Mathematics Stack Exchange is a question and answer site for people studying math at any level and professionals in related fields. Join them; it only takes a minute:

Sign up
Here's how it works:
  1. Anybody can ask a question
  2. Anybody can answer
  3. The best answers are voted up and rise to the top

I'd like a hint to show that:

$$\lim \frac{1}{n} \sqrt[n]{(n+1)(n+2) \cdots 2n} = \frac{4}{e} .$$


share|cite|improve this question
Note that $(n+1)(n+2)...(2n)=\frac{(2n)!}{n!}$ then apply Stirling's approximation: – Thomas Andrews Jan 15 '12 at 18:33
@ThomasAndrews: That was posted as an answer by Eric Naslund. – Jonas Meyer Jan 15 '12 at 18:34
Doh, let my page, so didn't see that. :) – Thomas Andrews Jan 15 '12 at 18:37
Thanks for the answers – Jr. Jan 15 '12 at 19:56
up vote 5 down vote accepted

You could rewrite it as

$$4\left(\frac{\sqrt[2n]{(2n)!}}{2n}\right)^2\cdot\frac{n}{\sqrt[n]{n!}}$$ and use the result of this question.

share|cite|improve this answer
Similar to your solution, but I prefer writing it as $\frac{(2n)!n!}{n!n!}=n!\binom{2n}{n}$. Then, as the central binomial coefficient $\binom{2n}{n}=\frac{(2n)!}{n!n!}$ is larger then the average, $\frac{2^{2n}}{2n+1}$ but smaller then the sum of all the binomial coefficients, $2^{2n}$, we see that $$\lim_{n\rightarrow \infty} \sqrt[n]{\binom{2n}{n}}=4,$$ and as limits are multiplicative, we are then left with evaluating $$\lim_{n\rightarrow \infty} \frac{4}{n} \sqrt[n]{n!}.$$ – Eric Naslund Jan 15 '12 at 18:46
Also worth noting that the method in the answer you linked to can be used to solve this question. (I.e. using a power series) – Eric Naslund Jan 15 '12 at 18:49
@Eric: Thank you for the comments. Your method using binomial coefficients is very interesting and could also be an addendum to your answer (not that I could vote it up a second time anyway). The intent of my hint is that it is all reduced to knowing one simpler limit. It is also a good point that the method rather than the result of the previous question could be applied. – Jonas Meyer Jan 15 '12 at 18:53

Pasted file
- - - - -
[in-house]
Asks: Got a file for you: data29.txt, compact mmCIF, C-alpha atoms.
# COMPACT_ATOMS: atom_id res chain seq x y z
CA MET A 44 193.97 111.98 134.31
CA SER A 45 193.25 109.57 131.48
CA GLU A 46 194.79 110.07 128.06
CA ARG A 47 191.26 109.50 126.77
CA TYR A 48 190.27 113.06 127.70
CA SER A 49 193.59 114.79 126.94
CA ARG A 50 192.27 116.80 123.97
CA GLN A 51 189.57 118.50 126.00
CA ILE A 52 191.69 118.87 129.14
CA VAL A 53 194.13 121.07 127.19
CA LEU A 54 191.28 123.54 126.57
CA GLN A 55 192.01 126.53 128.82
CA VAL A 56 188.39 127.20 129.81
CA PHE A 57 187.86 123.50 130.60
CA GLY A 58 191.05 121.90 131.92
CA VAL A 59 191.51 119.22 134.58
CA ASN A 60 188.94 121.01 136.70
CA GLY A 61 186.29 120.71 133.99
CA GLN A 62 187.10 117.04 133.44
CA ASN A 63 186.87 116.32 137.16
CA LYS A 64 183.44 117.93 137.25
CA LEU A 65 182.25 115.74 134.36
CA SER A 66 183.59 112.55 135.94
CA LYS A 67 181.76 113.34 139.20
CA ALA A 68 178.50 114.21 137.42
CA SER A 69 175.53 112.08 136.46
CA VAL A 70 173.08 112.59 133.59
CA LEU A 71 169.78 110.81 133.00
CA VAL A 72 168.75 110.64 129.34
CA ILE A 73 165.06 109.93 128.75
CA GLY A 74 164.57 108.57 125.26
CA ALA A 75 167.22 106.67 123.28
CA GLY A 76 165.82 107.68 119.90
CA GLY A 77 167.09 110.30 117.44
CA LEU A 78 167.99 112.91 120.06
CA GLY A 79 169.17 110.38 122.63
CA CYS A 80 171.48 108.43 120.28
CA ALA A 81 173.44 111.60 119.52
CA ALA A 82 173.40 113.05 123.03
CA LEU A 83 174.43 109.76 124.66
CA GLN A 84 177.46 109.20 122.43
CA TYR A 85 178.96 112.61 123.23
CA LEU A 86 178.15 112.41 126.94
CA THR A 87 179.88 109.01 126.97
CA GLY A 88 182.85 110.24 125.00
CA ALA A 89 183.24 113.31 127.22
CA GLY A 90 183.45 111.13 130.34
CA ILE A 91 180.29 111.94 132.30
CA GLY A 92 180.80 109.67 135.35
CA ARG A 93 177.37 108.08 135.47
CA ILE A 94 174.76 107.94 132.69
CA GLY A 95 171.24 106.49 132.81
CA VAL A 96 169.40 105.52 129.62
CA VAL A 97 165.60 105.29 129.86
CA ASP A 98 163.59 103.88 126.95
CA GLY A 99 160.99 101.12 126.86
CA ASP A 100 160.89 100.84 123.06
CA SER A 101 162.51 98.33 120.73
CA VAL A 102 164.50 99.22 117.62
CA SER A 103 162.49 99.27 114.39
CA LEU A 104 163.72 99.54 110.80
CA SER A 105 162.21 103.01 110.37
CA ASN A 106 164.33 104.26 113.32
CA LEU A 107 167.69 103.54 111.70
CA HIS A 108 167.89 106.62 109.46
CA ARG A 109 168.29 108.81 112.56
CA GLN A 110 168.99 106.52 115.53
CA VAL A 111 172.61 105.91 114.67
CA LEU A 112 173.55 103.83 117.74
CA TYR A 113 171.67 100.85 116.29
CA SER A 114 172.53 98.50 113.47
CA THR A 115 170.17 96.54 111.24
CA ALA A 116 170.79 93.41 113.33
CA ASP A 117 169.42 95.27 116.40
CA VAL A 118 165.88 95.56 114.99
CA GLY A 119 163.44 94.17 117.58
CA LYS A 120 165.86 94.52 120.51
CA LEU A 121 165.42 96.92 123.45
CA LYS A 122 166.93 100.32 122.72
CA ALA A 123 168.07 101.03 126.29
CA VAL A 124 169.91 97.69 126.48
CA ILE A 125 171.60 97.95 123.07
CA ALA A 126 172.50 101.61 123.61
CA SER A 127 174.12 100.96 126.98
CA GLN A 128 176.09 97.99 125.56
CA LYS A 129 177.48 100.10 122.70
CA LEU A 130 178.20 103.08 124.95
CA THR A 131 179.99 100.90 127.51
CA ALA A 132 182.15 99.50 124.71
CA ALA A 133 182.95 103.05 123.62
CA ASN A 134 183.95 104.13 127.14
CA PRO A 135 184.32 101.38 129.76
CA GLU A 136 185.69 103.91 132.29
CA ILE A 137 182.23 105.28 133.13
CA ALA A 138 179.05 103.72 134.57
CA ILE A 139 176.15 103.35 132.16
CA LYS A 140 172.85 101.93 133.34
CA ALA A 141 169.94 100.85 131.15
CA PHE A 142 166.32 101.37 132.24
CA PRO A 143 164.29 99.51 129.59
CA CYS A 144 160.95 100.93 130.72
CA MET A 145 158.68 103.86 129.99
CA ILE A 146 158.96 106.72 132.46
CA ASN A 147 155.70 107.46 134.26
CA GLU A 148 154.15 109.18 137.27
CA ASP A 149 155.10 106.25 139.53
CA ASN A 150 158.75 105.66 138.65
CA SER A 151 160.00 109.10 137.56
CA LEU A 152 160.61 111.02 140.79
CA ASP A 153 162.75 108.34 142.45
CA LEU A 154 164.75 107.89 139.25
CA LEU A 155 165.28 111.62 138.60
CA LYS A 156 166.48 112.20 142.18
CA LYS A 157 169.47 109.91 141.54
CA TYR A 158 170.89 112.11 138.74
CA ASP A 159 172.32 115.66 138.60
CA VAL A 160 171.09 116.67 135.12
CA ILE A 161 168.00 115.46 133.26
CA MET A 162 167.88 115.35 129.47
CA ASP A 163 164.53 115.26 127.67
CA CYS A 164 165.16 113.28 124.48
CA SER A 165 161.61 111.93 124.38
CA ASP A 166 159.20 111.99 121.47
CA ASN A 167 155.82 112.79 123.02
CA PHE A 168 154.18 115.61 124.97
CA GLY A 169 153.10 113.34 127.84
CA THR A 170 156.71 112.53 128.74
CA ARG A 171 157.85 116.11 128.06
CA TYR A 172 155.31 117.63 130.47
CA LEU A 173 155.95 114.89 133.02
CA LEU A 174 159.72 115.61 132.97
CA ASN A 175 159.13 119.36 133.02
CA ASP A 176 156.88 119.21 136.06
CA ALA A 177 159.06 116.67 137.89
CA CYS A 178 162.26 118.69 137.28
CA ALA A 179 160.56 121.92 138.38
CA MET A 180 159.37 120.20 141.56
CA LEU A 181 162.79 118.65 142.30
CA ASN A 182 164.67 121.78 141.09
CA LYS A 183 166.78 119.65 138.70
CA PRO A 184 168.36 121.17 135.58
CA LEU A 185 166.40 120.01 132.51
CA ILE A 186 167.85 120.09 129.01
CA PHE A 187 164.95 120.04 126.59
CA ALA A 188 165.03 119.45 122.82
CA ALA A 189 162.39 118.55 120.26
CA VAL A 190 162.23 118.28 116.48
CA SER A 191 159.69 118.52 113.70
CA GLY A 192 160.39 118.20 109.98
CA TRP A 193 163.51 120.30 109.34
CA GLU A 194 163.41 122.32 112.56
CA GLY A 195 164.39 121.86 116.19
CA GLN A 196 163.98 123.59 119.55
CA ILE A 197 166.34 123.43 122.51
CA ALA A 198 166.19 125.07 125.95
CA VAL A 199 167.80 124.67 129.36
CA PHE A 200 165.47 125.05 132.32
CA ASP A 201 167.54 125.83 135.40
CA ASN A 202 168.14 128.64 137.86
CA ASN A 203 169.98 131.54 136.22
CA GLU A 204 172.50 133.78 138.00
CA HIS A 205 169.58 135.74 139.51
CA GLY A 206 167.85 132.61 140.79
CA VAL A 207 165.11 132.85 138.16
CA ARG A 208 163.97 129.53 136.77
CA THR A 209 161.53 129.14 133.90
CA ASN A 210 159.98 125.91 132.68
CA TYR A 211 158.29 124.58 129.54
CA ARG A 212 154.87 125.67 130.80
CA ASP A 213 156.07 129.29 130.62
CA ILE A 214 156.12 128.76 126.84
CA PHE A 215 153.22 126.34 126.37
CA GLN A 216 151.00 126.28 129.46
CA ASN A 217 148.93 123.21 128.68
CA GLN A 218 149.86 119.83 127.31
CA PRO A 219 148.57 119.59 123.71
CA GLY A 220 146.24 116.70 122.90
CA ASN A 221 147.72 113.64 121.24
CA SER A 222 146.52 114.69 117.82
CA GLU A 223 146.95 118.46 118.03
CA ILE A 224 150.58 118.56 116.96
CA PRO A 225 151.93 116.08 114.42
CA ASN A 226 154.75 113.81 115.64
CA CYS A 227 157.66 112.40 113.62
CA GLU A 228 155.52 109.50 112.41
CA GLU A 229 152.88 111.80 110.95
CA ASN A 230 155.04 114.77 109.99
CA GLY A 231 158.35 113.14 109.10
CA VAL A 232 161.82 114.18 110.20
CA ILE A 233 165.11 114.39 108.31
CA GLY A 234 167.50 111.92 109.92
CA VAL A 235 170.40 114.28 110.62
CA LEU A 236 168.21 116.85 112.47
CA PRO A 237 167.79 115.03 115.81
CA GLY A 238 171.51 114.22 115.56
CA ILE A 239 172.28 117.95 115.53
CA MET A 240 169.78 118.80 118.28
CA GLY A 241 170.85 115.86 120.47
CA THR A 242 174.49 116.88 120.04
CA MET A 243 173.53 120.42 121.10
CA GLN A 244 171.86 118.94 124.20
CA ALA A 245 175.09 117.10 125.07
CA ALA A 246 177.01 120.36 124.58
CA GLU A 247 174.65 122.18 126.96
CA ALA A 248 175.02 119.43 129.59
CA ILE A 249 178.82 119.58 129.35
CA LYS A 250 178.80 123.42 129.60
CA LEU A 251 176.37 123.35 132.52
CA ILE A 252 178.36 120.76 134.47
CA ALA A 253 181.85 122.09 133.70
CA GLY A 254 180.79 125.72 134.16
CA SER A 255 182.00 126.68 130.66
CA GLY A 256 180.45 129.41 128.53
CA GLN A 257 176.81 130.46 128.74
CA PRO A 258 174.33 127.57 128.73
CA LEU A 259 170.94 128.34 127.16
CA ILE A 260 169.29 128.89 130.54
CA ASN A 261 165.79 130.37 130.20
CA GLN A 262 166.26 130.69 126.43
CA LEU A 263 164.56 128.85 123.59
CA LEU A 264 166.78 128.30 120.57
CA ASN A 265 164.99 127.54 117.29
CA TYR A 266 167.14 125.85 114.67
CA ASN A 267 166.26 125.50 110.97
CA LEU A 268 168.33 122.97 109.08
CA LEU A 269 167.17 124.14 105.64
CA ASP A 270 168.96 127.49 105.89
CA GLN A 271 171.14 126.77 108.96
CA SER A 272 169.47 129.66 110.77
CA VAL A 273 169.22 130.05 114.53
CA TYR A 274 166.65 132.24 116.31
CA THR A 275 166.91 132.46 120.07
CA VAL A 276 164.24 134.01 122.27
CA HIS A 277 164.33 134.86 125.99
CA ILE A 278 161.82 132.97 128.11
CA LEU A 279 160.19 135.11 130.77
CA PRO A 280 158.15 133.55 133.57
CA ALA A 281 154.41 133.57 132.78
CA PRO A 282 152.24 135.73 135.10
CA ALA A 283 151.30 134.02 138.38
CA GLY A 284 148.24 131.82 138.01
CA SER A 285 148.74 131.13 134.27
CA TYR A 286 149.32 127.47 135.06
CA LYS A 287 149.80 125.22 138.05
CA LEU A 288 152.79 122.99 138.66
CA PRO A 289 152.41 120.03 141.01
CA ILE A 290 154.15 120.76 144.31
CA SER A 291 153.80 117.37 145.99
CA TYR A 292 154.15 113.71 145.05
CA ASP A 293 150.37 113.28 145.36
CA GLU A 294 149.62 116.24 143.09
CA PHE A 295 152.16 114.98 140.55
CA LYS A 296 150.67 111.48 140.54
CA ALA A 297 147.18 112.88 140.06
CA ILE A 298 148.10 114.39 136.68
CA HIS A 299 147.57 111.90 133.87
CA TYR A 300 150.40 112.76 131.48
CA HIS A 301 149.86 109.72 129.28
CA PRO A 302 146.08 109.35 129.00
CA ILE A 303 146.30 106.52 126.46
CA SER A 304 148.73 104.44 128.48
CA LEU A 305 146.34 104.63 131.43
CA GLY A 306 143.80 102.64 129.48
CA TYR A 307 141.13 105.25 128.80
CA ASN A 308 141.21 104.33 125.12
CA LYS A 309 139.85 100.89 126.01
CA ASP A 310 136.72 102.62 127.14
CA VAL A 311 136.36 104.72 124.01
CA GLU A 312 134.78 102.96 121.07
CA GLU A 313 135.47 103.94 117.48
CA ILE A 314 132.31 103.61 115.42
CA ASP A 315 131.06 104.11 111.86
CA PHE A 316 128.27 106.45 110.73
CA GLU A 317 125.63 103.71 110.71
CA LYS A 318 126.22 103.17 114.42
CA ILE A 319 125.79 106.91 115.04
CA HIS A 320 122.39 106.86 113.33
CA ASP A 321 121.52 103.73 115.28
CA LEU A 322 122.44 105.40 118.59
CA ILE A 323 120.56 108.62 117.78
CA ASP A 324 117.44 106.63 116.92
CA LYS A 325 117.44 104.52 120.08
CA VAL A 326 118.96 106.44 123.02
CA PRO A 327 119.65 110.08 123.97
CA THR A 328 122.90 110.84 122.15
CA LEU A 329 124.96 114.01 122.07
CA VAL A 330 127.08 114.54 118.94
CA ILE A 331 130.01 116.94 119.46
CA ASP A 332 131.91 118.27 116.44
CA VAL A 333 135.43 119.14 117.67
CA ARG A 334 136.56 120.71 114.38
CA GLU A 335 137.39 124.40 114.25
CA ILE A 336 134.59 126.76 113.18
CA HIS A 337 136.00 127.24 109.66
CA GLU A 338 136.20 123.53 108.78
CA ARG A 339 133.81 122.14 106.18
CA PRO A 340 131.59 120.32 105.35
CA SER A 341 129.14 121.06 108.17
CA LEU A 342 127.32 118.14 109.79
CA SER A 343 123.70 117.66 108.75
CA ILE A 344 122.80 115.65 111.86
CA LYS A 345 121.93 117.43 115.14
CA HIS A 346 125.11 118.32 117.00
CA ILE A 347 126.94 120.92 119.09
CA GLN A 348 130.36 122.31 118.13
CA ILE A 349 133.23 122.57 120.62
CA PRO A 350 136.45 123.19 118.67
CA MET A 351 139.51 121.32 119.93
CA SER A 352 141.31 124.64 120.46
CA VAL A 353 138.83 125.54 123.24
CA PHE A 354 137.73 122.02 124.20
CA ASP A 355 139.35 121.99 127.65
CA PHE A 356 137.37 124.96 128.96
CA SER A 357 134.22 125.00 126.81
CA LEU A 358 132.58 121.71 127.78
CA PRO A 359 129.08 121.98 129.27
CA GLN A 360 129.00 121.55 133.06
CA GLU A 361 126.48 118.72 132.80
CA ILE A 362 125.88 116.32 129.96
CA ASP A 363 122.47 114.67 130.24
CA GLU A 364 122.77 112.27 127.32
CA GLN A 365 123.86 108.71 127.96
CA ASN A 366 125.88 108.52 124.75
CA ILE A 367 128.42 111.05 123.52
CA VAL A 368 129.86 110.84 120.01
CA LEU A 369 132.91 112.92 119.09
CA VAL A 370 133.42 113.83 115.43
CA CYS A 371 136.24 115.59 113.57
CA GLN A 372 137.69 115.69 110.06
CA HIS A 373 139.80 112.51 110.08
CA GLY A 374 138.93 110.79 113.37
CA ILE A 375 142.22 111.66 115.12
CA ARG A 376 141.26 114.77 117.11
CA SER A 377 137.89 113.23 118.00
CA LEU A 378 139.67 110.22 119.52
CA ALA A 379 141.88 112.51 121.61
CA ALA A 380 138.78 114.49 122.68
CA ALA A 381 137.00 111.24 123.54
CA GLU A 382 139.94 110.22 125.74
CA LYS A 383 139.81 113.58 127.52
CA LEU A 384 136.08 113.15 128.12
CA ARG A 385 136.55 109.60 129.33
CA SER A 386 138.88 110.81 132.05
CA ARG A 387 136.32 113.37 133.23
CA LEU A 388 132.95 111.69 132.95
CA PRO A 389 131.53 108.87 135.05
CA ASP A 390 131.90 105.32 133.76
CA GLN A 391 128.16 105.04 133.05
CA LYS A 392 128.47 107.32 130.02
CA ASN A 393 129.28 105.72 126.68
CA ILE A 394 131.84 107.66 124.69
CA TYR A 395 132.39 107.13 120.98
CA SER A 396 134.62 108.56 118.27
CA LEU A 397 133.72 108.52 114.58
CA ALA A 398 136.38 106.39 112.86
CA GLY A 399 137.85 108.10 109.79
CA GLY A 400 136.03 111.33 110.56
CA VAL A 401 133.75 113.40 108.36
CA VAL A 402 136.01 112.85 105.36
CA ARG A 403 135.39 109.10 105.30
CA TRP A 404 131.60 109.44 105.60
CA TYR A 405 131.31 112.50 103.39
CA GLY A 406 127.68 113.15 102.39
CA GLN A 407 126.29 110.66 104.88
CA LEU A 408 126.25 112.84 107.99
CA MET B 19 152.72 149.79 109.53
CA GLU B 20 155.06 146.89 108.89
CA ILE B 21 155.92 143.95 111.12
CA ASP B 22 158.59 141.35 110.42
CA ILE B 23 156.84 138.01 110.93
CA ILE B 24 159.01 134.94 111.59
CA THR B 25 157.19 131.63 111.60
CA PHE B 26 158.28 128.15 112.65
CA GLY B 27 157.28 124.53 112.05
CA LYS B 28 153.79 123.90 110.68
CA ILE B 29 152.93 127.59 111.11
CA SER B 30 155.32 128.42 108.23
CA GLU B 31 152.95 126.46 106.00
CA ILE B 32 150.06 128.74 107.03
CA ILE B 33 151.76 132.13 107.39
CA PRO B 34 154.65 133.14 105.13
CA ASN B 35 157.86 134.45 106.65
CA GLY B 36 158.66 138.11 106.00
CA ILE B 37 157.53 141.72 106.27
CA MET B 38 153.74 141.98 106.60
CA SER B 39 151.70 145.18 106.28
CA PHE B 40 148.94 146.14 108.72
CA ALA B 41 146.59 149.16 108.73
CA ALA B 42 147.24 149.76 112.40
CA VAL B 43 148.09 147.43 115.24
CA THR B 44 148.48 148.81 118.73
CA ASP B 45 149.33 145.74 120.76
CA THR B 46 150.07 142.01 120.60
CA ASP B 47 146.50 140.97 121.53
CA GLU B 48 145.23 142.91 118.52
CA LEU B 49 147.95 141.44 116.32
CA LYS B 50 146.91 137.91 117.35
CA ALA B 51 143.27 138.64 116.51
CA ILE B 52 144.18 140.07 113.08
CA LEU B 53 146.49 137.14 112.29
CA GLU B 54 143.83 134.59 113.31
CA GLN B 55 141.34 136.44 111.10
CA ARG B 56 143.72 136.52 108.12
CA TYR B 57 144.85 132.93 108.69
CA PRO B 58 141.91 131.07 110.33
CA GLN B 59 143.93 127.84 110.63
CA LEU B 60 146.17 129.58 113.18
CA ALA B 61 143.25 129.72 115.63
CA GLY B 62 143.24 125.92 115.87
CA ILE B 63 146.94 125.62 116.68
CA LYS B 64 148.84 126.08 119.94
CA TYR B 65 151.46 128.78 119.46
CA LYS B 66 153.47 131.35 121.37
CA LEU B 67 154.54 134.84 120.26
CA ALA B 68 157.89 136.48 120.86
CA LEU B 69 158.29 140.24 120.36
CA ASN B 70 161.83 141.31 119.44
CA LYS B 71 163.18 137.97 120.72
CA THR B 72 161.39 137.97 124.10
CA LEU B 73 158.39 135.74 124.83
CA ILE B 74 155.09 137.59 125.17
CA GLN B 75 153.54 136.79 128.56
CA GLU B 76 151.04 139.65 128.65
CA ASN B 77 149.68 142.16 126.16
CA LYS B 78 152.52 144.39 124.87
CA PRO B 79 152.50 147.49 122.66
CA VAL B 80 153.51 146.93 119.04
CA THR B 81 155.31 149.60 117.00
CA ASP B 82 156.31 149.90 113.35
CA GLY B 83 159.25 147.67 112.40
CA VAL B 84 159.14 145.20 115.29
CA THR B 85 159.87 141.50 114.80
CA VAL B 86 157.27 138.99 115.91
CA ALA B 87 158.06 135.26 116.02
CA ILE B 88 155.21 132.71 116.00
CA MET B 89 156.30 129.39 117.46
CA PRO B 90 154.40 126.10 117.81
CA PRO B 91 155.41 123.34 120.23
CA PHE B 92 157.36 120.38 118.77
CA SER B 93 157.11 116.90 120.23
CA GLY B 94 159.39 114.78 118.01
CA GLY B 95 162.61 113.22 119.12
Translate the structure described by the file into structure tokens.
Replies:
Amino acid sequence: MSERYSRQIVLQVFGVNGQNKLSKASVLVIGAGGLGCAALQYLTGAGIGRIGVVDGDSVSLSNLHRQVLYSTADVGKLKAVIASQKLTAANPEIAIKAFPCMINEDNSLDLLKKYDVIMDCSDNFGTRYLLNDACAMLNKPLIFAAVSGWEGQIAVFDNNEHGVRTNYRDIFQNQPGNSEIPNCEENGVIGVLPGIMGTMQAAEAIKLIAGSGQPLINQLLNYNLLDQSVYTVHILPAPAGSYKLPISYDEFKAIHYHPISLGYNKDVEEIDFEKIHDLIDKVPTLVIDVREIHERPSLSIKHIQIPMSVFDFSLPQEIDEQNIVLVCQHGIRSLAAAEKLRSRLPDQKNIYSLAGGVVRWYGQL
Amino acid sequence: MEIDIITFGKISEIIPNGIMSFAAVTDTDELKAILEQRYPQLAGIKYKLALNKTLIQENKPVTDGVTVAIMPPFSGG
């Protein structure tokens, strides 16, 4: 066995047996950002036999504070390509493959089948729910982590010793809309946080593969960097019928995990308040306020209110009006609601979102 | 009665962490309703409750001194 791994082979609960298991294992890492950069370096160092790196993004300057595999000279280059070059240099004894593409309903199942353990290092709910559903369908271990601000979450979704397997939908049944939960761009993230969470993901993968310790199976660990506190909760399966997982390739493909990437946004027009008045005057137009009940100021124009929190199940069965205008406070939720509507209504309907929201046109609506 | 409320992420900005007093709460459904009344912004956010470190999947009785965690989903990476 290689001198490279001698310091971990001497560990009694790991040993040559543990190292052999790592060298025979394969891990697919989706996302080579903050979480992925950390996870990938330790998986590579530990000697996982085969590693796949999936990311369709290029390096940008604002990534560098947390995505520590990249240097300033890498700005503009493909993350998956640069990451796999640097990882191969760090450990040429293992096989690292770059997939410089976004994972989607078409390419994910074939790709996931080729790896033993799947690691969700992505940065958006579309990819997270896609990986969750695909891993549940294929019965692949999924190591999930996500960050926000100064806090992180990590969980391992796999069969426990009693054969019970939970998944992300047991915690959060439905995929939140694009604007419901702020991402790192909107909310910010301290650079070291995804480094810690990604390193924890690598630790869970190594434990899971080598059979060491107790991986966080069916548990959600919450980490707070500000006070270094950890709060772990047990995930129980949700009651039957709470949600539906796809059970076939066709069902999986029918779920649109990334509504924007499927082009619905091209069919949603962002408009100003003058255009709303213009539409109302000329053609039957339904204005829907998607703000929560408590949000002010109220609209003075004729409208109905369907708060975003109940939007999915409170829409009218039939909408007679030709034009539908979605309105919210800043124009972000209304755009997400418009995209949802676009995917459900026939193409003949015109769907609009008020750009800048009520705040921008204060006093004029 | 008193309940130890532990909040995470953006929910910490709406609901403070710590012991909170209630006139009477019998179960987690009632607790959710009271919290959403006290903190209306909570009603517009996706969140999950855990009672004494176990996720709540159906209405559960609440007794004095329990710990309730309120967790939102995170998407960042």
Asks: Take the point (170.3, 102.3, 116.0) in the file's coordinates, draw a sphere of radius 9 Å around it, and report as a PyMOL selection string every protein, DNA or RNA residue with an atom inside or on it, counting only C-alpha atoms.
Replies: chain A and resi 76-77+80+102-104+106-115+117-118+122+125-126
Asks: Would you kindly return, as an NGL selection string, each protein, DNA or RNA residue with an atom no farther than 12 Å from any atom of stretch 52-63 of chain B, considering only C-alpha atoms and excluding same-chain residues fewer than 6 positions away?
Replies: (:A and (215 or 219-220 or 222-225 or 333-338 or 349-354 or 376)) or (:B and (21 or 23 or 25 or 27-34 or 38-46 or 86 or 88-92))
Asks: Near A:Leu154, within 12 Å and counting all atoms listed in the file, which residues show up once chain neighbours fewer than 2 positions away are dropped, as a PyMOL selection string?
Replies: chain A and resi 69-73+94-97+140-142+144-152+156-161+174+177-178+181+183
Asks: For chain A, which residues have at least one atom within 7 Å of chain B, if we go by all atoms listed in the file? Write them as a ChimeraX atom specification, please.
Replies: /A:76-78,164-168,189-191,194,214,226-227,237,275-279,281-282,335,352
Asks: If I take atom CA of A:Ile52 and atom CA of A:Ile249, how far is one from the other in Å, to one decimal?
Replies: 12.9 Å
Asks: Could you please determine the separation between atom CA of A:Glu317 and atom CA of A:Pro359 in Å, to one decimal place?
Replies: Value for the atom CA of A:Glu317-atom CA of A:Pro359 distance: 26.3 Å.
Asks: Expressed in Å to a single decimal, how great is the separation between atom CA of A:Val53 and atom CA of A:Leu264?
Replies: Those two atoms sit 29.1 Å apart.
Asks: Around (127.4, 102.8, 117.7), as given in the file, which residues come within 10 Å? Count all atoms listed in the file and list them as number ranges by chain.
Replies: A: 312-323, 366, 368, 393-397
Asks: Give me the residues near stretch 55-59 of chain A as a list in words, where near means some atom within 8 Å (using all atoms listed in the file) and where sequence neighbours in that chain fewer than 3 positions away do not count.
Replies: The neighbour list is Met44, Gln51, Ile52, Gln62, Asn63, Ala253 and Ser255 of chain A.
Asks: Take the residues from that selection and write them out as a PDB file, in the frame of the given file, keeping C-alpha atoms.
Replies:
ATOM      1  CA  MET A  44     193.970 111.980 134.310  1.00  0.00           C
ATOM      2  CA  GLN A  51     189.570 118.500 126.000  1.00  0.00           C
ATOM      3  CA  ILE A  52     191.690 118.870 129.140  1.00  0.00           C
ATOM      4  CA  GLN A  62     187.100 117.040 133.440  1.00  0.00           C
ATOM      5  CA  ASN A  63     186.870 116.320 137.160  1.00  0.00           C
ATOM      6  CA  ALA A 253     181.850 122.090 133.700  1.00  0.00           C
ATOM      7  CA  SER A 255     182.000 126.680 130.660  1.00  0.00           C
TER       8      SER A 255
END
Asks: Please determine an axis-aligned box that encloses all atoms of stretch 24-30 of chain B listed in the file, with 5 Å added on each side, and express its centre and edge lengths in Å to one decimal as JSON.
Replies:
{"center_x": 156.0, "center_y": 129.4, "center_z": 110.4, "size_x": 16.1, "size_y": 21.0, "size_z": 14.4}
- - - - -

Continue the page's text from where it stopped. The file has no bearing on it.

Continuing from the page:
Funny you say that, I was actually writing it as an addendum, but then got stuck trying to think of ways to evaluate the limit of $\sqrt[n]{n!}$ without using logs and looking at the sum, and without using Stirlings formula. Then I saw the page you linked to. – Eric Naslund Jan 15 '12 at 18:56

Taking $\log$ of the expression you get

$\frac{1}{n}\sum \log (1+\frac{k}{n}) $.

This is a Riemann sum for the function $\log(1+x)$ on the interval $[0,1]$.

share|cite|improve this answer

This is @Jonas Meyer's idea from the link in his answer:

Let $$a_n={(n+1)(n+2)\cdots 2n\over n^n}.$$

Then $$ \lim_{n\rightarrow\infty} {a_{n+1}\over a_n}= \lim_{n\rightarrow\infty}{(2n+1)(2n+2)\over n+1}\cdot {n^n\over (n+1)^{n+1}}= \lim_{n\rightarrow\infty}{2(2n+1)\over n+1}(1+\textstyle{1\over n})^{-n}={4\over e}. $$

But, for $a_n>0$, if $\lim\limits_{n\rightarrow\infty}{a_{n+1}\over a_n}=L$, then $\lim\limits_{n\rightarrow\infty}\root n\of {a_n}=L$ (see page 3 of Pete Clark's notes here).

In this case $$\lim\limits_{n\rightarrow\infty} \root n\of {a_n} = \lim\limits_{n\rightarrow\infty}{1\over n}\root n \of {(n+1)(n+2)\cdots 2n }. $$

share|cite|improve this answer

One possible approach is to notice the term inside the root is $\frac{(2n)!}{n!}$ and apply Stirling's approximation.

share|cite|improve this answer

There's a theorem that is very helpful for these kind of questions.

Let $a_n$ be a sequence of positive real numbers. If $a_{n+1}/a_n$ converges, then $a_n^{1/n}$ converges to the same limit.

Continuing from here is pretty straightforward.

share|cite|improve this answer
This is in the answer David Mitra posted a while ago. – Jonas Meyer Jan 15 '12 at 20:56
saw it after posting.. – Amihai Zivan Jan 15 '12 at 21:16

Your Answer


By posting your answer, you agree to the privacy policy and terms of service.

Not the answer you're looking for? Browse other questions tagged or ask your own question.